Spotify just took another step towards producing its own hardware
Music streaming service is now registered to test products with the FCC
Spotify is getting even more serious about producing its own hardware, as the music streaming service has now registered with the FCC.
The Swedish company was on Tuesday (June 5) given a grantee code by the FCC, which is evidence of it signalling its intention to test wireless devices intended for sale in the US. This is something all companies have to do before they can test and then sell wireless devices here.
For those who are interested, the grantee code - as discovered by Variety - is 2AP3D. When searched for on this FCC web page, the site says the grantee code belongs to Spotify Inc. and is associated with Daniel Bromand, an engineering manager at the music company.
The next step will be for Spotify to have its mystery product tested and then approved for sale by the FCC, a step which must be completed before it can be sold to the US public.
This image was mistakenly sent to some Spotify users in February 2018Reddit (FlexinFiesta)
It has been rumored for some time that Spotify is getting into the hardware game, as back in April 2017 job adverts for roles like "Senior Product Manager - Hardware" appeared on the company's website. The vacancy was described as "leading an initiative to deliver hardware directly from Spotify".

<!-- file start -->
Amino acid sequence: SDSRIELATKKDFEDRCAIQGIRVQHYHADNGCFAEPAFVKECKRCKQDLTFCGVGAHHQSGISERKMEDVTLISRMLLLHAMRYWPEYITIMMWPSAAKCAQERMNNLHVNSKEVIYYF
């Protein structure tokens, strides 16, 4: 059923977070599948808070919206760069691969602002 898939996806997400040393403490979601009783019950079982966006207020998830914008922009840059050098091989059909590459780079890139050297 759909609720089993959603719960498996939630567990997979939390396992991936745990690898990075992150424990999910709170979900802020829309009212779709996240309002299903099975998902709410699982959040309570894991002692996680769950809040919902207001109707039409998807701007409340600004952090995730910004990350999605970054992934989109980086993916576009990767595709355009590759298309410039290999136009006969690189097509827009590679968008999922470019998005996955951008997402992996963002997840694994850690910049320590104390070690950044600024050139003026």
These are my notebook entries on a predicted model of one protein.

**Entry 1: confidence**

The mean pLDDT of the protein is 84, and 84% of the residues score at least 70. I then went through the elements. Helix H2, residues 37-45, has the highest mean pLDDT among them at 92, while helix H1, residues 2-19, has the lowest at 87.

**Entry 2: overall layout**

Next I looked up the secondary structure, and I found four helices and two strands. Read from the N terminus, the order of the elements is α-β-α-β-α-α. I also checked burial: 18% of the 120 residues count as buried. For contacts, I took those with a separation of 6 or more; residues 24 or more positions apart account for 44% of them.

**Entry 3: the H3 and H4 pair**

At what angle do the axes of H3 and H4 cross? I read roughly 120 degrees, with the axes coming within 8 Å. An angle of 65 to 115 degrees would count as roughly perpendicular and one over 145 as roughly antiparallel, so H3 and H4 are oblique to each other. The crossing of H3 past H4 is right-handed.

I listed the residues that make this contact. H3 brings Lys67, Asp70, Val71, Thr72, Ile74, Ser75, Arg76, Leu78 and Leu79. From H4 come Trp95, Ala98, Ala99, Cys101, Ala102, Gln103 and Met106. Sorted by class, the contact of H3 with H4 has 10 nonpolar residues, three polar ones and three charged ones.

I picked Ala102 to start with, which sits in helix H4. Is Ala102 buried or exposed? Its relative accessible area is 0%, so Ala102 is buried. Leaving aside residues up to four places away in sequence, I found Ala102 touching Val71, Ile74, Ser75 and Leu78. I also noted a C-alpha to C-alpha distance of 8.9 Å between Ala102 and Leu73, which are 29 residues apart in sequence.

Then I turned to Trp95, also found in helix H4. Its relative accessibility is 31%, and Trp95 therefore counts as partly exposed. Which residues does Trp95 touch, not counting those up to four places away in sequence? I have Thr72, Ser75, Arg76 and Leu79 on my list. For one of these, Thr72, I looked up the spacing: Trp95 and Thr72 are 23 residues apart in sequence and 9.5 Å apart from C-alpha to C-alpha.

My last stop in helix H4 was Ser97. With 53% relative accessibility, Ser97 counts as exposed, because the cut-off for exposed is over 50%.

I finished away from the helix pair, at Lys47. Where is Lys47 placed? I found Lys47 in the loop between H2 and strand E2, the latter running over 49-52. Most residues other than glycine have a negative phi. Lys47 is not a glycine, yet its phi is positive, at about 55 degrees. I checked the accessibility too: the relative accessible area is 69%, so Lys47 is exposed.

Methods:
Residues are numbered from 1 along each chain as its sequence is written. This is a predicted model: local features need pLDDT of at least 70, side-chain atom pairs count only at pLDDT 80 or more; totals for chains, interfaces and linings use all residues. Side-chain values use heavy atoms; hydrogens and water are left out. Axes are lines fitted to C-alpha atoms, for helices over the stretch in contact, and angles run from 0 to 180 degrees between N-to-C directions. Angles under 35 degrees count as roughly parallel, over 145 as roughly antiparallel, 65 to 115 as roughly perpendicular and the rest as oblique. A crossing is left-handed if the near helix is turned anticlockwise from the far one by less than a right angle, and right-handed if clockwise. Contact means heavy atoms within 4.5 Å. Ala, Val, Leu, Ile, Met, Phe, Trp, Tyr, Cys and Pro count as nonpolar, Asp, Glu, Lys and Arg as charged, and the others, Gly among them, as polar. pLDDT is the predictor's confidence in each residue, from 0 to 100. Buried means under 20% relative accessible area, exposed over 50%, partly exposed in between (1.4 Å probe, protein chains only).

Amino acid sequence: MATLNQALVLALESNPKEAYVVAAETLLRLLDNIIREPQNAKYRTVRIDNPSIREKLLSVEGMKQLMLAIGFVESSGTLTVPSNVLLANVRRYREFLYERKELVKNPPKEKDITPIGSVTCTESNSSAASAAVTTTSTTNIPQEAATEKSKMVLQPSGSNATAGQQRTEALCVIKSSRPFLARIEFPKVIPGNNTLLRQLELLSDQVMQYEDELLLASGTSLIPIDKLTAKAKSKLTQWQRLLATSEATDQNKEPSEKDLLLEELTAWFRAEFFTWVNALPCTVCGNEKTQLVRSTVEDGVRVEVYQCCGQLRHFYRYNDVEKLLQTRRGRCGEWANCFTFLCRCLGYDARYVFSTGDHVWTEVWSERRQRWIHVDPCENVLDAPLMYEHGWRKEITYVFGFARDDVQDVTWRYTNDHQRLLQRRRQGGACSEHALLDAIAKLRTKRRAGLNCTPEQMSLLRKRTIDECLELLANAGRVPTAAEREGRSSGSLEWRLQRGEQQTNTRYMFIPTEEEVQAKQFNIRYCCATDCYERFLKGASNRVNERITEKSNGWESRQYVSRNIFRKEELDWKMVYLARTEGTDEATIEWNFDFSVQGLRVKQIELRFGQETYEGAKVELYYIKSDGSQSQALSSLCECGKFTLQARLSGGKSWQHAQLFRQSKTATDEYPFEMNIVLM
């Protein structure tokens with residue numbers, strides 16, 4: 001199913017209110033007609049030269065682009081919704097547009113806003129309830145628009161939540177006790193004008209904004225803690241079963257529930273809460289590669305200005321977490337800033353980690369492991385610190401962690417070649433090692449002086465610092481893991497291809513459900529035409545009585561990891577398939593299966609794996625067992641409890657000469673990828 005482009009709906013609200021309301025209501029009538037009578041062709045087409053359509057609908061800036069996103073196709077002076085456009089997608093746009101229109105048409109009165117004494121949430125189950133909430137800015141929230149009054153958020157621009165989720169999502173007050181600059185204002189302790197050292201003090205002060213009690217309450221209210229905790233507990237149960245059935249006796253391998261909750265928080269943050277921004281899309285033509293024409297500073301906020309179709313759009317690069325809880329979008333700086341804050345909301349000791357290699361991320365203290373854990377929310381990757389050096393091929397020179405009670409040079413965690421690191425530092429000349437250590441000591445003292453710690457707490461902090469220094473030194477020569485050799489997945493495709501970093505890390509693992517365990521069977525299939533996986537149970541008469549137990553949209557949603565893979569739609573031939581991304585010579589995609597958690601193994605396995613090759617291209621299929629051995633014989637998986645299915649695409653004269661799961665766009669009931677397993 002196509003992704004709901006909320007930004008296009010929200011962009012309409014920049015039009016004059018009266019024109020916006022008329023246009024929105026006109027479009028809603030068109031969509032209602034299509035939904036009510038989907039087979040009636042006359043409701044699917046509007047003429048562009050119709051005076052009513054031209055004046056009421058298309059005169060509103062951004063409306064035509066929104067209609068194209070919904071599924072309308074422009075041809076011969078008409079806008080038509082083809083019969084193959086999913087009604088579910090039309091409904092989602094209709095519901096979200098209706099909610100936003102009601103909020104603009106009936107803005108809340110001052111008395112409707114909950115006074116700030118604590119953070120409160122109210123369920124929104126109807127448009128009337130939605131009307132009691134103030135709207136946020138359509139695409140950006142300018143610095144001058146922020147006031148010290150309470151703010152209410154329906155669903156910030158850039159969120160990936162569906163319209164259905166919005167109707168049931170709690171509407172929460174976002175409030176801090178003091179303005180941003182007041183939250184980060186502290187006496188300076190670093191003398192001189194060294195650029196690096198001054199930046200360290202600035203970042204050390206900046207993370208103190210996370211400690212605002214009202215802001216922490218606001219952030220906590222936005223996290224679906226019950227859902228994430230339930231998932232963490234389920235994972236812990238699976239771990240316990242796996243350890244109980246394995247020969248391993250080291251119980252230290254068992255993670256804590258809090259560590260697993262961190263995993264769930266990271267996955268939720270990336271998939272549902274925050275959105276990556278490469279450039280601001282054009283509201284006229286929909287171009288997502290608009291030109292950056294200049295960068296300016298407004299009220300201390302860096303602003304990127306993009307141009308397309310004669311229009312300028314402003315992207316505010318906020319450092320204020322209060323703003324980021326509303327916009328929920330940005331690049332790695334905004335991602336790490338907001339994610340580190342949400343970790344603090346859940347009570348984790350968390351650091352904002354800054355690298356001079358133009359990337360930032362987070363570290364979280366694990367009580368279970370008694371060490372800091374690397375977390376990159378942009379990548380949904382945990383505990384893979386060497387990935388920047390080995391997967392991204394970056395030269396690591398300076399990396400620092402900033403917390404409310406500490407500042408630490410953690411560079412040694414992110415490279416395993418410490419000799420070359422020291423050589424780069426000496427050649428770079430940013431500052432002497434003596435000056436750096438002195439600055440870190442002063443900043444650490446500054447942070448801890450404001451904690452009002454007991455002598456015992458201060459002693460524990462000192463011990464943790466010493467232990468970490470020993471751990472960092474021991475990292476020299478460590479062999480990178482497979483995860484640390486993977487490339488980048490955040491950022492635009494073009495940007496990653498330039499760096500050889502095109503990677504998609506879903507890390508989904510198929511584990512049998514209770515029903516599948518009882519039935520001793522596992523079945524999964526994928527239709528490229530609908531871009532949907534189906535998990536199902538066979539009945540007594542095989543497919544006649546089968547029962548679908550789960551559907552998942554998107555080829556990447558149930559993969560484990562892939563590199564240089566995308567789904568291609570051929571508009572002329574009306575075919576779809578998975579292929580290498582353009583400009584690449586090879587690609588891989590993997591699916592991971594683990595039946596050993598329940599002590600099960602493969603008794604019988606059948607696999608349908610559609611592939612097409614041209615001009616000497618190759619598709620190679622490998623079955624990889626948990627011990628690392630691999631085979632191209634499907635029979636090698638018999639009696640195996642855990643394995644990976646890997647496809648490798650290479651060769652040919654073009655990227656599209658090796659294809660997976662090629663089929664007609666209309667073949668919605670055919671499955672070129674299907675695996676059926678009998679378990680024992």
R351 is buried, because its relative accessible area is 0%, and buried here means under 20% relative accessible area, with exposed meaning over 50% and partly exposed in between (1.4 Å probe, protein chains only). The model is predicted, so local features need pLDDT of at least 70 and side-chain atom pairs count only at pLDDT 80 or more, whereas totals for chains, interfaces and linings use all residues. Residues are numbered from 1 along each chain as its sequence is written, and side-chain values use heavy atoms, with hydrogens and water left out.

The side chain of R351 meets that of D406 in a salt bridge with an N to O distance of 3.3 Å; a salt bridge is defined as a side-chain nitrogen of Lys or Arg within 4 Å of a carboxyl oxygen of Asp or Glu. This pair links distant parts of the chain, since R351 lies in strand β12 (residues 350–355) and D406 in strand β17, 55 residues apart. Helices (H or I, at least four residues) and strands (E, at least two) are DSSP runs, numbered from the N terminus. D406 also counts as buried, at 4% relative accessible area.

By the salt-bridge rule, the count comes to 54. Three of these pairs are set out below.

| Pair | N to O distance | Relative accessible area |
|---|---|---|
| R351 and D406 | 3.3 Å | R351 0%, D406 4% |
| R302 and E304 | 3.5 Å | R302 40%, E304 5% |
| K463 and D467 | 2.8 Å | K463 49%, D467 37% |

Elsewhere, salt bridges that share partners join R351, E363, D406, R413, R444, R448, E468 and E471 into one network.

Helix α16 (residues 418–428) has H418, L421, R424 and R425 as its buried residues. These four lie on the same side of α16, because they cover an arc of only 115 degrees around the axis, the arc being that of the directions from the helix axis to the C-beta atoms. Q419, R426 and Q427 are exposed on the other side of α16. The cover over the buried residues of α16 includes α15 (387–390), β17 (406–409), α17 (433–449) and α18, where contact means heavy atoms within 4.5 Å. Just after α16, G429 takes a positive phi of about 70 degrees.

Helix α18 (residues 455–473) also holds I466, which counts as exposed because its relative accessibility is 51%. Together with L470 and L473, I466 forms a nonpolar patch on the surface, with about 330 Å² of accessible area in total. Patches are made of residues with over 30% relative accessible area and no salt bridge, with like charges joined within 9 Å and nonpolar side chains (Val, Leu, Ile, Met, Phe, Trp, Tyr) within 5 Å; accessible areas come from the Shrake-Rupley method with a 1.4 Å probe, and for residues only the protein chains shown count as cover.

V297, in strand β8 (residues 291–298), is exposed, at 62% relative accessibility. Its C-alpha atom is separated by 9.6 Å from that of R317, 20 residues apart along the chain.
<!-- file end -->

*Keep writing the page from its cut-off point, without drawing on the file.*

Then, in February 2018, more job vacancies appeared. This time, they described roles for producing hardware, not just designing it. Roles included "Senior Project Manager - hardware production".
In the same month, some Spotify users posted on Reddit to say thy were shown an offer for a device that would bring Spotify music streaming to cars lacking the technology as standard. An image, above, showed a circular device fitted to a car's dashboard air vent with a simple display on the front and buttons for music playback.
Spotify has not commented on any stage of this story, but interestingly has deleted a tweet sent from its customer support account claiming the product image was an accidental "test message".